Researchers at Scripps Institution of Oceanography at UC San Diego have predicted faster rates of warming than previously predicted for the North Atlantic Ocean in a recent paper published in the Journal of Climate. This warming could disrupt major oceanic cycles and have worldwide impacts on climate systems.
The researchers modeled scenarios based on possible future greenhouse gas and aerosol emission rates. One likely scenario focuses on future decline in aerosols and continued increase of greenhouse gases in the atmosphere. Aerosols are minute particles suspended in the atmosphere. Some scatter sunlight, thereby actually acting as cooling agents.
The aerosol cooling effect is about 50 percent of the warming effect of anthropogenic carbon dioxide at present. Aerosols released from human activities are pollutants, however, and their health concerns have triggered worldwide efforts to curb emissions. An aerosol decline could spark an interesting catch-22: Because of their cooling effect, this decline would accelerate ocean warming that is already being caused by increasing carbon dioxide emissions–most notably initiating major warming in the North Atlantic.
Historically, the Southern Ocean has been the predominant heat absorber, accounting for roughly 72 percent of uptake of anthropogenic greenhouse heat in the oceans, due in part to the area’s low levels of cooling aerosols. The opposite is true of the North Atlantic: under strong aerosol cooling, the North Atlantic has not taken up much heat, meaning that most of the warming in the Northern Hemisphere is happening in the atmosphere and not in the ocean.
“The ocean heat uptake moderates atmospheric warming by storing much of the greenhouse heat below the surface,” said Shang-Ping Xie, a climate researcher at Scripps and co-author of the study. “We now show that the ocean uptake is not only uneven, but its distribution also evolves with time."
The model presented by the researchers predicts a massive switch. With a decrease in cooling aerosols, which are concentrated in the Northern Hemisphere, over time the ocean would need to absorb more heat. The researchers predict that the North Atlantic’s share of the uptake could increase from 6 percent to about 27 percent.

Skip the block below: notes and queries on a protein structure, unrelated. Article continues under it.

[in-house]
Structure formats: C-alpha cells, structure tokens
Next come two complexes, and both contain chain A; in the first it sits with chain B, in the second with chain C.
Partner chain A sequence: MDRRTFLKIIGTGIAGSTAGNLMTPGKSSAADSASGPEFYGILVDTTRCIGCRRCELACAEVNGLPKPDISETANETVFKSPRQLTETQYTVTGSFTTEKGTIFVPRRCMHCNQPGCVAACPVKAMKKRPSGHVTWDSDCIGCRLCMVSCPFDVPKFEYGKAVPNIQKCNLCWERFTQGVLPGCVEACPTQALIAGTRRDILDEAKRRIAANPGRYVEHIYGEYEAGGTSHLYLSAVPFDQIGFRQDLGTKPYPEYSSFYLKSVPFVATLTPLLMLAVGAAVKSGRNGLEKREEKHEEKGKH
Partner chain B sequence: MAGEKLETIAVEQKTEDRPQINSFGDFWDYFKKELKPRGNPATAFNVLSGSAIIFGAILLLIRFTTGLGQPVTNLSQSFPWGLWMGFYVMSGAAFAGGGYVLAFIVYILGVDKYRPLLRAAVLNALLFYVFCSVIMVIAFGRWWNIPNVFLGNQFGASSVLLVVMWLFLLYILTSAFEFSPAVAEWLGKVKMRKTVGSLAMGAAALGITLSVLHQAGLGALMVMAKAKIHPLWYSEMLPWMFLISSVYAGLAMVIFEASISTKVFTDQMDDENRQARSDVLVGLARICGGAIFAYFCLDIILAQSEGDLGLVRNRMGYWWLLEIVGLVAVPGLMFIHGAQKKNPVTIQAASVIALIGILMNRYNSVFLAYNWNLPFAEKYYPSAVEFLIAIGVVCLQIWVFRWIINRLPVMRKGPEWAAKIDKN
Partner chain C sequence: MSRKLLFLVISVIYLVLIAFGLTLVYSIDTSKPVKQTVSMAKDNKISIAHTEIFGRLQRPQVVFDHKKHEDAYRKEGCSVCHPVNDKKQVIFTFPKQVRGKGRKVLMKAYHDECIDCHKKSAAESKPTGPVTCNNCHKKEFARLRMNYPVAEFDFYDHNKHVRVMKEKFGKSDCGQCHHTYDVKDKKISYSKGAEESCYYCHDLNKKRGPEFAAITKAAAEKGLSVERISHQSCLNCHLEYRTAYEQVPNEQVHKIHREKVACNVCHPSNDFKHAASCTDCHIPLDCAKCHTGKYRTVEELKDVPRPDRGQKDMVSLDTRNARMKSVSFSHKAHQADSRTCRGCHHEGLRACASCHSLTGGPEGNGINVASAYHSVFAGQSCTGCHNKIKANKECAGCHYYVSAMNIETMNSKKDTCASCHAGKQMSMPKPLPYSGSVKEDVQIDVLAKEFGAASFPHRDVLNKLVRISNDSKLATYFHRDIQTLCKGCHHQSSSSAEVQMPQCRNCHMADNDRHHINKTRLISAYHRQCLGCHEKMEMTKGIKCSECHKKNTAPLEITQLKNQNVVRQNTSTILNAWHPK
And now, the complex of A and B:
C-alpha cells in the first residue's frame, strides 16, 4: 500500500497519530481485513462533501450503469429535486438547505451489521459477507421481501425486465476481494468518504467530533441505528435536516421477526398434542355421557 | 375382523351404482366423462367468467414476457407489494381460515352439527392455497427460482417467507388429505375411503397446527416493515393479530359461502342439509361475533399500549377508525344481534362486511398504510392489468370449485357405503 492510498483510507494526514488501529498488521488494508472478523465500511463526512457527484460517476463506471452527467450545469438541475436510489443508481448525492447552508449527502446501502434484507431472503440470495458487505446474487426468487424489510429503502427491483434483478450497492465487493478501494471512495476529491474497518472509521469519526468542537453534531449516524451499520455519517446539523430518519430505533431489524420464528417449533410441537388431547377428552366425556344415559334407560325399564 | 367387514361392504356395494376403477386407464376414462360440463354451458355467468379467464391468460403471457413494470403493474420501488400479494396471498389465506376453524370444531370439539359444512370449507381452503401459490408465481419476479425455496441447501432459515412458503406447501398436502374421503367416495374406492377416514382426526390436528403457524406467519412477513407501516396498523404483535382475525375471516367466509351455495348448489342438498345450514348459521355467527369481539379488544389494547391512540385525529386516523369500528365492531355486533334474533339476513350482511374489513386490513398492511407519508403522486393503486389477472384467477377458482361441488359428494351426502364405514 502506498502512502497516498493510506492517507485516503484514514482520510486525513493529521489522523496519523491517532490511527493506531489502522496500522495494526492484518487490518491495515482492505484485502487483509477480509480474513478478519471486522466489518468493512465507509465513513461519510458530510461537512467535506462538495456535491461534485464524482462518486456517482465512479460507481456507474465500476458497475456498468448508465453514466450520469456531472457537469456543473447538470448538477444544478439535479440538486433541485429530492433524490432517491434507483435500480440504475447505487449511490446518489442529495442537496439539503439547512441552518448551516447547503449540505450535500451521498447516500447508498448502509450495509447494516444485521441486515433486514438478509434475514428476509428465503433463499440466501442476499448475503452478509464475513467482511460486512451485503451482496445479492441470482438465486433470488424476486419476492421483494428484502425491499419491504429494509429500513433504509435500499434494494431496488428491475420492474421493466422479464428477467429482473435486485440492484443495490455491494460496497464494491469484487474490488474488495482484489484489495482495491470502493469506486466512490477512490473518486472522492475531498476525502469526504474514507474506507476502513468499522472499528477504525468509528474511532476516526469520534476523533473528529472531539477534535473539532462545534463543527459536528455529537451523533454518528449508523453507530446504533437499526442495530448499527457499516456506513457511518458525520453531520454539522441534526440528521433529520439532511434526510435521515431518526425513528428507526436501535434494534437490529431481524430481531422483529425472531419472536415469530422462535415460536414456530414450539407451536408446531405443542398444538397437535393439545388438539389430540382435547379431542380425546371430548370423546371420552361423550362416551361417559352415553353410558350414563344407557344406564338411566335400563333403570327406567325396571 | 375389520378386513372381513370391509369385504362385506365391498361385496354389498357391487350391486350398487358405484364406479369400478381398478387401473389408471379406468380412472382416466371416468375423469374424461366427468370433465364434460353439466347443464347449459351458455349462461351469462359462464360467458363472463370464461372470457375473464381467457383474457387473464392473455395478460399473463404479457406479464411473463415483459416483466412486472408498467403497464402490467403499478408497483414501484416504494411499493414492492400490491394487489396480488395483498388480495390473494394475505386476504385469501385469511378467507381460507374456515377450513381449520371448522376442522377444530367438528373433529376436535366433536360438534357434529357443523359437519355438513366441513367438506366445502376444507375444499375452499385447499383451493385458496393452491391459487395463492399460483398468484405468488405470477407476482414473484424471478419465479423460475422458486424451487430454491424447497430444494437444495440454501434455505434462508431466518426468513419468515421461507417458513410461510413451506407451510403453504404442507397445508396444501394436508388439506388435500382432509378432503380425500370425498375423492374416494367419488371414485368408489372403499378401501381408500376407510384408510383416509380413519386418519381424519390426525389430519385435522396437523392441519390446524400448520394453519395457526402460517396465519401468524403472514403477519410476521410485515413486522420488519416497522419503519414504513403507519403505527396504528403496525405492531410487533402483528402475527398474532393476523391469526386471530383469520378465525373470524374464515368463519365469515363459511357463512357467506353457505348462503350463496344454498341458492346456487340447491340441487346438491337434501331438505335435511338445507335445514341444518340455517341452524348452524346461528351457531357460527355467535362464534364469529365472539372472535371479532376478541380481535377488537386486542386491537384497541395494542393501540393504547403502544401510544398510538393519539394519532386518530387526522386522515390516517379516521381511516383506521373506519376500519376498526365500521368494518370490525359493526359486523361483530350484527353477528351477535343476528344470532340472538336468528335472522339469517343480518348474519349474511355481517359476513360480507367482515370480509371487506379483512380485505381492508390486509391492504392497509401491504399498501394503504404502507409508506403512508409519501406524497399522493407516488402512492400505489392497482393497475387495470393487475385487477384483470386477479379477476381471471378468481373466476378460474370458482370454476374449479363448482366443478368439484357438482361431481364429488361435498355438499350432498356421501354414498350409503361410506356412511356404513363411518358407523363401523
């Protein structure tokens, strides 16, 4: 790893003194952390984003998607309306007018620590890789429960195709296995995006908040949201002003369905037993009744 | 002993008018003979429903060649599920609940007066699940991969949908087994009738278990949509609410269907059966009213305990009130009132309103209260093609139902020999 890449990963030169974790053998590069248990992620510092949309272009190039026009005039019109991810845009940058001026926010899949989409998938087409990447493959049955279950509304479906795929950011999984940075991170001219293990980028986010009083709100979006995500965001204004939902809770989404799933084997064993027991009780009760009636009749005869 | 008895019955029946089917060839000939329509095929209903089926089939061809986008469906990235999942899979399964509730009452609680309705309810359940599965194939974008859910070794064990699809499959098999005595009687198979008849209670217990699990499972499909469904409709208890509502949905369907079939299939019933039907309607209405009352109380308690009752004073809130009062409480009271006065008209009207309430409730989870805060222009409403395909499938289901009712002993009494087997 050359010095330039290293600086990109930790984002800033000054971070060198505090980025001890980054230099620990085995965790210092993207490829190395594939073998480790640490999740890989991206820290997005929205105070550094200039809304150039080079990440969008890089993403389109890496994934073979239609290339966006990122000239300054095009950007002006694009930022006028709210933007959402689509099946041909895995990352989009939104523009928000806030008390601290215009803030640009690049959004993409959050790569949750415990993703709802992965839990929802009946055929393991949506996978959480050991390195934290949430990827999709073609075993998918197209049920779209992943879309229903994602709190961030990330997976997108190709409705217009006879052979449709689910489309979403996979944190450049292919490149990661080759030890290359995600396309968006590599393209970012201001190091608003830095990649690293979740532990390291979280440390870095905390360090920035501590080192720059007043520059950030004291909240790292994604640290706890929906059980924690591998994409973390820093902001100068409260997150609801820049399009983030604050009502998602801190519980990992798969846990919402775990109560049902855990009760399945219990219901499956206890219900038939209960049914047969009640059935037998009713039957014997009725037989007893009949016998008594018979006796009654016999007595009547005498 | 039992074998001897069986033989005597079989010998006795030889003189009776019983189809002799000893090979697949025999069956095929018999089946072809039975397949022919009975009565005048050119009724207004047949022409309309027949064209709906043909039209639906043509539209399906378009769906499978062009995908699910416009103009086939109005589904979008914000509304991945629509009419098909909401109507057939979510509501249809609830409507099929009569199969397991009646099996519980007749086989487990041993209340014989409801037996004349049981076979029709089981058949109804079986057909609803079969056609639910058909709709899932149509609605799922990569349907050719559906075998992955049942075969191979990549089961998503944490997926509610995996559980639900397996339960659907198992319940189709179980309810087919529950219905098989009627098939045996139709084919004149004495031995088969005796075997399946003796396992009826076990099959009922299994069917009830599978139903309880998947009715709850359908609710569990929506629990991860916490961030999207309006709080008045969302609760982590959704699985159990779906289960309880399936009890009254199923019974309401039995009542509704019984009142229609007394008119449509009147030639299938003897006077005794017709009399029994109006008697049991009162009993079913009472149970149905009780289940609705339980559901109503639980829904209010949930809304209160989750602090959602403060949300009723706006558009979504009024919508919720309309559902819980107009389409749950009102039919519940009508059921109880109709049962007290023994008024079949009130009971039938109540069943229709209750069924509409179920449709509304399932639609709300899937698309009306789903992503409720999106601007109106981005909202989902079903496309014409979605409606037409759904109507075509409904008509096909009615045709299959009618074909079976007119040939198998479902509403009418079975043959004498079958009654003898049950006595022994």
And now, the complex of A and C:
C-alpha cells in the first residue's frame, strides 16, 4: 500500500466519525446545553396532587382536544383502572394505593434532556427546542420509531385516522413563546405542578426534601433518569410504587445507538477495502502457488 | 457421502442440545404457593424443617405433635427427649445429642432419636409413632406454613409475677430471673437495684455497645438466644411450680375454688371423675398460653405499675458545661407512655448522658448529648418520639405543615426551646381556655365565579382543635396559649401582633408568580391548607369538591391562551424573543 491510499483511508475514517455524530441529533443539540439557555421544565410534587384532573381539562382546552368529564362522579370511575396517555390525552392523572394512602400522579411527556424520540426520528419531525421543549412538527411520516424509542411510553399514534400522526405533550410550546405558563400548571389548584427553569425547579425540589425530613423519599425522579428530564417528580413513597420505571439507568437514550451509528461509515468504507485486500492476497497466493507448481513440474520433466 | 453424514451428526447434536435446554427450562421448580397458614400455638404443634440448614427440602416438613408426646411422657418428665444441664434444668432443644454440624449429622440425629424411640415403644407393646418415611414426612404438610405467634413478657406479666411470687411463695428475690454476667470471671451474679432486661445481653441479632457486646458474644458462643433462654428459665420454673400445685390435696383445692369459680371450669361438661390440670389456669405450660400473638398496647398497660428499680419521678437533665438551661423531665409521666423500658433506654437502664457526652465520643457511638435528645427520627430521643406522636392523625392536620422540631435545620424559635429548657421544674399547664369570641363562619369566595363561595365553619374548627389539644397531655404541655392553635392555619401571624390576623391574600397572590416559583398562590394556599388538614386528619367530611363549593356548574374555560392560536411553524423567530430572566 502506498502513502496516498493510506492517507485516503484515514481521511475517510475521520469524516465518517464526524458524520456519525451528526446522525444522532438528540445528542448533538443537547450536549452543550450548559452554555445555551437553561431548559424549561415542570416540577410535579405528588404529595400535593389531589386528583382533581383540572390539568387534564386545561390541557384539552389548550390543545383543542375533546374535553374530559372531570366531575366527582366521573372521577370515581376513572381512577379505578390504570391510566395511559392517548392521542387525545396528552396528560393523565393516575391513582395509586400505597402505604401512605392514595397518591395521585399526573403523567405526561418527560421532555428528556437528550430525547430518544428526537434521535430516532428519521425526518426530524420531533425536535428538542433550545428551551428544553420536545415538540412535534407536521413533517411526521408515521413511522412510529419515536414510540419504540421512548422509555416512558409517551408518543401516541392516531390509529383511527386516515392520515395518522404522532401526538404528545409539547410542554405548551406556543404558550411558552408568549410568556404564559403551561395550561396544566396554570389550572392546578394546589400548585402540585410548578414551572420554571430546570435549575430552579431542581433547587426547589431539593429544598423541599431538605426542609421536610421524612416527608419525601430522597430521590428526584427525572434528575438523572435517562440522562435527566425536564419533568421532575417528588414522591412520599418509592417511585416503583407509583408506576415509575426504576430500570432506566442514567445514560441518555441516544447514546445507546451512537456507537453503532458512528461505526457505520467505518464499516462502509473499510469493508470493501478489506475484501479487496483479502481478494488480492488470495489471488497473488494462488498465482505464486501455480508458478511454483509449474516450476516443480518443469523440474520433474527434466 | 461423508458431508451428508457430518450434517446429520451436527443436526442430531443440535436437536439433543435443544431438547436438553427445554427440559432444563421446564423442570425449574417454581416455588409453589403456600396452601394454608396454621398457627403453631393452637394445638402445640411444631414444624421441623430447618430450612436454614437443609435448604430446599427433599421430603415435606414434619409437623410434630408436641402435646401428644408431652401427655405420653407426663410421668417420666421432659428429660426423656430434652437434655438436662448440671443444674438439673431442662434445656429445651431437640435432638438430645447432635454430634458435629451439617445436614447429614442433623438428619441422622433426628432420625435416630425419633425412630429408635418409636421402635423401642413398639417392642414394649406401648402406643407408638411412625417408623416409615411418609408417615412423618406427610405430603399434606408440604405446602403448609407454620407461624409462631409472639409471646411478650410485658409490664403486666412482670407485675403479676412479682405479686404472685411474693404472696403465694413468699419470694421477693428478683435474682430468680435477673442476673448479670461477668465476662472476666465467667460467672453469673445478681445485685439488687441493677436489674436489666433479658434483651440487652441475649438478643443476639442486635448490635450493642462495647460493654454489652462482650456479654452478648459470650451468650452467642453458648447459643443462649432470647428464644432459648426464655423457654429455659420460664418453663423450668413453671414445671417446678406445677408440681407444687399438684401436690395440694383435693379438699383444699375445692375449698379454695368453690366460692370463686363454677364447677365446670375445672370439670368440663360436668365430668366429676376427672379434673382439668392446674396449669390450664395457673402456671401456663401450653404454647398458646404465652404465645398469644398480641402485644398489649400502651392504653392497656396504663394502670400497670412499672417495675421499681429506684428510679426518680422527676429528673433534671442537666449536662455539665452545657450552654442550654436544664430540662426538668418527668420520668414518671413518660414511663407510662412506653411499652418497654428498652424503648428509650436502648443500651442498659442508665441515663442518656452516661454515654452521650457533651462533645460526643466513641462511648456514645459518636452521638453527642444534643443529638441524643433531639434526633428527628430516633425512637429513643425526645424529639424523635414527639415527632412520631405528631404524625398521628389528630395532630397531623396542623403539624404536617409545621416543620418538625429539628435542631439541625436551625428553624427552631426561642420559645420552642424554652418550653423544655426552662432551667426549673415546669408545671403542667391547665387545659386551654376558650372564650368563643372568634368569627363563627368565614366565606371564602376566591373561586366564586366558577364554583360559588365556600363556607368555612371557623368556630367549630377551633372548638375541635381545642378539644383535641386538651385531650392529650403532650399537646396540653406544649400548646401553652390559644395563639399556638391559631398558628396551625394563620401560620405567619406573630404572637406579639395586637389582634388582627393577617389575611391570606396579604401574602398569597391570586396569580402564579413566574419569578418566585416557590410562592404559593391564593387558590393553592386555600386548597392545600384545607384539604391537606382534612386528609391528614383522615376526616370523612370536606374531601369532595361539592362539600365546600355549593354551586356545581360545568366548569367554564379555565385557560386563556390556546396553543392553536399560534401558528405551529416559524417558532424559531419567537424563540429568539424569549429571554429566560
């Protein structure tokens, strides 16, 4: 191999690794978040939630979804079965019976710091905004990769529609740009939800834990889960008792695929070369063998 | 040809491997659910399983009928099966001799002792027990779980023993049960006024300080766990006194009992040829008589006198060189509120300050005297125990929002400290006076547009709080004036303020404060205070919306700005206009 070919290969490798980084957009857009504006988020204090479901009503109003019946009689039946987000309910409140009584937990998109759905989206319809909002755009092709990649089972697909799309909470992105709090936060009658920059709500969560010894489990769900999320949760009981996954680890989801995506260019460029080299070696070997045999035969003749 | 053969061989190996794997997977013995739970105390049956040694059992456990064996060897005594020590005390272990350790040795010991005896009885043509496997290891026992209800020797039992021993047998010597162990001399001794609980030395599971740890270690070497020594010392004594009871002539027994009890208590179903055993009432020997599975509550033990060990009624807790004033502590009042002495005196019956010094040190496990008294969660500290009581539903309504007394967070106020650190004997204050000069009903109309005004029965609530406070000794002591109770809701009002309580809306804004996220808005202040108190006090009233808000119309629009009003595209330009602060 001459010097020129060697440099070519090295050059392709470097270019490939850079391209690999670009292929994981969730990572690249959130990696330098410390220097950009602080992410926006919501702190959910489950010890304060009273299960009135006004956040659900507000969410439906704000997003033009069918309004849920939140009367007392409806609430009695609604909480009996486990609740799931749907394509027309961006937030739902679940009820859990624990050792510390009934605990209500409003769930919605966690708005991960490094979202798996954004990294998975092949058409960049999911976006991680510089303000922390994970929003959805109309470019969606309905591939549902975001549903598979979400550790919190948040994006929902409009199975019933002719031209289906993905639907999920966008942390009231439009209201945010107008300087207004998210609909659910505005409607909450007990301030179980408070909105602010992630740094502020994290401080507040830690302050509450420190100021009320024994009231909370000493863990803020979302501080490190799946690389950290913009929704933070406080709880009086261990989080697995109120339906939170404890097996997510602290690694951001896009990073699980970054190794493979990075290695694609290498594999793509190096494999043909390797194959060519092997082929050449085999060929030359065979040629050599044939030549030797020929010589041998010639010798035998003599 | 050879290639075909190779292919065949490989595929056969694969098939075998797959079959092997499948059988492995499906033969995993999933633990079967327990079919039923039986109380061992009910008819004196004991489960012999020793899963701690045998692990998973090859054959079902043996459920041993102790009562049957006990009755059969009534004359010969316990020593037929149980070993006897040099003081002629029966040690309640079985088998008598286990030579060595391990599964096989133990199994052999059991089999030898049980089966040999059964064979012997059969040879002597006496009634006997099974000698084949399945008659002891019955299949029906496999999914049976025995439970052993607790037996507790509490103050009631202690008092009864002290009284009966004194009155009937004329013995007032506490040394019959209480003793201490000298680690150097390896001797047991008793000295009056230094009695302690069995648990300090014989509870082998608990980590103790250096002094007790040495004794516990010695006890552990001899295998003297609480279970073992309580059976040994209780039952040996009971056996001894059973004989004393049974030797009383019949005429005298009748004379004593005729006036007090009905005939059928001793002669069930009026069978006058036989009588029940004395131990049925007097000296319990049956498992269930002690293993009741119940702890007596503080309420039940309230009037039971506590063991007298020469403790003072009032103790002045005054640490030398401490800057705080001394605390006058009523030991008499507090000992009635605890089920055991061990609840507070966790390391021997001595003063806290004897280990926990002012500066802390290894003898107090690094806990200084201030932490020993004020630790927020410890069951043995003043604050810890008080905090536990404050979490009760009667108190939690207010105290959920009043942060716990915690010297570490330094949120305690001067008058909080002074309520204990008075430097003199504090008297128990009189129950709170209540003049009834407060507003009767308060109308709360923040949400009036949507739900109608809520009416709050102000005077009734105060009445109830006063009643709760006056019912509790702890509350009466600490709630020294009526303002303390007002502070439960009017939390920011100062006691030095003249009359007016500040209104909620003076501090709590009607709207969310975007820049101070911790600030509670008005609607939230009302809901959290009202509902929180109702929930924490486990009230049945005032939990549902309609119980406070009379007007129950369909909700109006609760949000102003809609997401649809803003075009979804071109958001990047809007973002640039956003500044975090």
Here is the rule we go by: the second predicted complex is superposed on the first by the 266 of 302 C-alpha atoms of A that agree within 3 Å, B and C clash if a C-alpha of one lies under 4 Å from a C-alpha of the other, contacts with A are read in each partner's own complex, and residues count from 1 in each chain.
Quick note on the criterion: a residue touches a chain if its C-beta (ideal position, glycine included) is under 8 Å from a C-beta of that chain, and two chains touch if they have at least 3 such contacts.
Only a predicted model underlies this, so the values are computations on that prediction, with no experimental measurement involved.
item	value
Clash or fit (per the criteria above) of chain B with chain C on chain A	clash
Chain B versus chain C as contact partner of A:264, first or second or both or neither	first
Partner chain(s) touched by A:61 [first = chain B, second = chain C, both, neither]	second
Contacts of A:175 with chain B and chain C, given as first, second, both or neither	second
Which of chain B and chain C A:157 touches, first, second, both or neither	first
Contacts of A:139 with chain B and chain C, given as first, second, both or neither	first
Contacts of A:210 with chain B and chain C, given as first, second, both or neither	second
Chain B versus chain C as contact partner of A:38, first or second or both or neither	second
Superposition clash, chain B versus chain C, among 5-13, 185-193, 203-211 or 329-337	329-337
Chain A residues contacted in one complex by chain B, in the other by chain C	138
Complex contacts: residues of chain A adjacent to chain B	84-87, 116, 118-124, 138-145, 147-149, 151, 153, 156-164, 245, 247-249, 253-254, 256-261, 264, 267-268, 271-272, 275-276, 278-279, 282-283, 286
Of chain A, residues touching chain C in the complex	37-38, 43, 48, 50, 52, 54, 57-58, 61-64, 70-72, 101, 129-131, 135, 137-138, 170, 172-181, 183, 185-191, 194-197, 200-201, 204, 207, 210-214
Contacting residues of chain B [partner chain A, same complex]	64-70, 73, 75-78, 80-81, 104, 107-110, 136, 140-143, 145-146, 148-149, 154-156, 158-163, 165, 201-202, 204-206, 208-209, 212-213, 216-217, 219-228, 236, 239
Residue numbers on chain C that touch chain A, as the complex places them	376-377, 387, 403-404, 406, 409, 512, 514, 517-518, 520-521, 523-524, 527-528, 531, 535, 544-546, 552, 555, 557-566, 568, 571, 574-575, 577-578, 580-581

“It’s important to note that the Southern Ocean has been heating over the past few decades, and this will continue,” said Lynne Talley, a professor at Scripps and co-author of the study. “What’s changing is that the North Atlantic is starting to join in as a second major heat sink, which will affect circulation and climate around the North Atlantic.”
Increased rates of warming in the North Atlantic could impact a key oceanic cycle, the Atlantic Meridional Overturning Circulation, or AMOC. An important part of the Earth’s climate system, the AMOC is a large system of ocean currents – such as the Gulf Stream – that pulls warmer water from the tropics toward the North Atlantic where it cools, sinks into the deep ocean, and flows southward again. Eventually the water is pulled back to the surface, where it warms and completes the circulation. Because it distributes heat and energy, the AMOC plays a major role in sustaining worldwide climate patterns, and is especially important in regulating climate in northern Europe and coastal North America.
A warmer North Atlantic could significantly weaken the AMOC. The system is driven by changes in salinity and temperature; as the warm water moves north, it evaporates to become saltier and gets cooler in the northern latitudes, making it denser so it sinks. Changes in water temperature in the North Atlantic could throw a wrench into this whole process. In fact, recent studies have shown that the AMOC may have started weakening over the past decade. Greater weakening could have widespread impacts on climate and weather patterns. While all of the exact consequences are still unknown, for instance, warmer water on the surface could fuel stronger hurricanes.
“The changing pattern of ocean heat uptake will cause the atmospheric circulation to reorganize, bringing changes in rainfall and storms,” Xie said.
This study was funded by the National Science Foundation.